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Why can’t I find a doctor?

Mel Rising Dawn Cordeiro

Managing Editor

Image via cottonbro studio/Pexels

Having trouble finding a primary doctor lately? Considering changing doctors? Having trouble getting an appointment? This is all for good reason. Since the onset of the pandemic, lots of things have changed, including the way doctors view their jobs.


It is not widely known, but doctors in primary care settings don’t make as much money as doctors who claim a speciality. Each specialty has its own rate of pay, but the reality of healthcare is that it’s more beneficial to the doctors to treat patients after they become ill than it is to practice preventative medicine. There are exceptions to this rule, however, such as with emergency and accidental situations.


More and more doctors are leaving primary medicine for a variety of reasons. One reason certainly has to do with the pay rate. In some cases, it has to do with the reimbursement rates from the insurance companies as well. The money is not there for doctors who have giant student loans to consider.


Burnout is also an important factor in deciding to leave primary practice. Even though this problem existed long before the pandemic started, the pandemic made burnout for everyone in the healthcare industry that much worse. Because of this, some primary care providers decided to leave medicine altogether.


There are a select number of primary care doctors who are still practicing. They have, however, taken a liking to practicing concierge medicine. In concierge medicine, there are plenty of appointments available, but the catch is that these doctors don’t take insurance. Eliminating the insurance billing process enables practices to save money, to be paid faster, and to pocket the costs of care.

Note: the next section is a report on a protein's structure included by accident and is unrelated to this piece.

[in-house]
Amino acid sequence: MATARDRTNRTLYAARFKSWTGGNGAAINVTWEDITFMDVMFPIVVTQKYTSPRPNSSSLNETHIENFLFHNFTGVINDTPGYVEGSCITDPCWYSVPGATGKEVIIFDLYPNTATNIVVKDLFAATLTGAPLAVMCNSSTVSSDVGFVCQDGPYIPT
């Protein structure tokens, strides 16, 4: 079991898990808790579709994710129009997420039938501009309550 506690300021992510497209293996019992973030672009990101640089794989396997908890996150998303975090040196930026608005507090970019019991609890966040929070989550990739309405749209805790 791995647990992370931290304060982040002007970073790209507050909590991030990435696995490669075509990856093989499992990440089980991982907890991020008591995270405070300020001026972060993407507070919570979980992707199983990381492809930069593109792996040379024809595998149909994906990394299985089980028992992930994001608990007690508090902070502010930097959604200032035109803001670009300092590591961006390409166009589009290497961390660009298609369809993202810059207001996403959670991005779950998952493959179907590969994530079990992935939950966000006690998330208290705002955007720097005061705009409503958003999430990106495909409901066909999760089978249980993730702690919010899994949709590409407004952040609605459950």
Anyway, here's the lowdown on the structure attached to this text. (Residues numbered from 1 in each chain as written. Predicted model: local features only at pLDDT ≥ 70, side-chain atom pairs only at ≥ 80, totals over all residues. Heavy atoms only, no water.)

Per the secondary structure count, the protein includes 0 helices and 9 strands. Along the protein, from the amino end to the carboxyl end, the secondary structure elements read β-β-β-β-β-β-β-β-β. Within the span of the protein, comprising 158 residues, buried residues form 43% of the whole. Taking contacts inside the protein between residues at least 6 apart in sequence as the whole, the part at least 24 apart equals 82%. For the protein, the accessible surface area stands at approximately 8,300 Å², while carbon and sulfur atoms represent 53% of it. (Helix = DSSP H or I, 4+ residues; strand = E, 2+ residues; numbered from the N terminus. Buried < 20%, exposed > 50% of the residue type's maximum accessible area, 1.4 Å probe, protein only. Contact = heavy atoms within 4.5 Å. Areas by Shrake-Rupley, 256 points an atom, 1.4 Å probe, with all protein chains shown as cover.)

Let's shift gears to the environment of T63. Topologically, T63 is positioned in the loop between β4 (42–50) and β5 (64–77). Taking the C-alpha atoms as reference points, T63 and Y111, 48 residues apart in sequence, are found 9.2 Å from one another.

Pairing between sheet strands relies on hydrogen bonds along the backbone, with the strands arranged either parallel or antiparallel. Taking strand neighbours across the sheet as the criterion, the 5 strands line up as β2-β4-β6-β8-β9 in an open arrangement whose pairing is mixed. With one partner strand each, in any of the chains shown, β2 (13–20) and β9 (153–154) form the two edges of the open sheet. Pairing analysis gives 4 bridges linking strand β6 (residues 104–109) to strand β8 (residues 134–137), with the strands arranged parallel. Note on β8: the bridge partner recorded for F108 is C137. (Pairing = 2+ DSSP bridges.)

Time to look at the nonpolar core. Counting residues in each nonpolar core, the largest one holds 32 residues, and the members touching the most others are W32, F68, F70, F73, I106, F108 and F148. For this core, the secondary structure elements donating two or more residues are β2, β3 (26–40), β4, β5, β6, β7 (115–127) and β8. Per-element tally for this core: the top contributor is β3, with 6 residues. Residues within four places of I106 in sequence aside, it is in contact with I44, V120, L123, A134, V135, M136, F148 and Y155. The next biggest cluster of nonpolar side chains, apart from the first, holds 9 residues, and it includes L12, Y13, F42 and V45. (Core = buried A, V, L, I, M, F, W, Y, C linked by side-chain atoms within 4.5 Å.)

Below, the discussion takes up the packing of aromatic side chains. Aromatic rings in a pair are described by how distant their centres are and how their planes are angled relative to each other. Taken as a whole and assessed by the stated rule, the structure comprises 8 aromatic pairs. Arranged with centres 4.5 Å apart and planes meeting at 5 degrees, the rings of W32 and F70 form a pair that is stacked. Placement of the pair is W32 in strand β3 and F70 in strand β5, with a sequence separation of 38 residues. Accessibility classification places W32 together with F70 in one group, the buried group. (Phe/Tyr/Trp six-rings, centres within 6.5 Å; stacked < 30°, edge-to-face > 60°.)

These situations can be extremely detrimental to those without healthcare, to those who have limited access to resources to get to a doctor and to those people who are in need of seeing a physician due to illness, health concerns or because too much time has passed.


Even after “getting in” with a doctor, specialists included, the wait time can be extremely long. In some cases, the wait time for an appointment is over a year. The strain of this could force the seriously ill people to utilize urgent care centers and hospitals, putting more strain on our already overworked and overwhelmed healthcare system. In turn, a vicious cycle is created, one which can only be stopped by the addition of more primary care physicians.


For now, nurse practitioners and physician assistants are able to bear some of the load. This will not last either, as those professionals are putting themselves at risk for burnout as well. There are only so many hours one can work before exhaustion hits.


If considering or even being forced to switch primary care doctors, be sure to research physician choices. Find a trustworthy doctor, or ask for a recommendation. Some things to look for when choosing a new doctor include specialty – even primary care doctors have an area they are more comfortable with – years of experience and reviews from other patients. Always be active in personal care.


Finally, only use urgent care centers and hospitals as needed. Hospitals are still overflowing and overwhelmed, so it is advised to make use of other resources first. If you do happen to have health insurance, you can call the company’s main number and ask to be transferred to a nurse, as there is always one on staff to answer questions. Another resource is to make use of Health Services here on campus. They are here to answer any question you may have and provide sick visits as well. For more information, please call Health Services at 401-456-8055.

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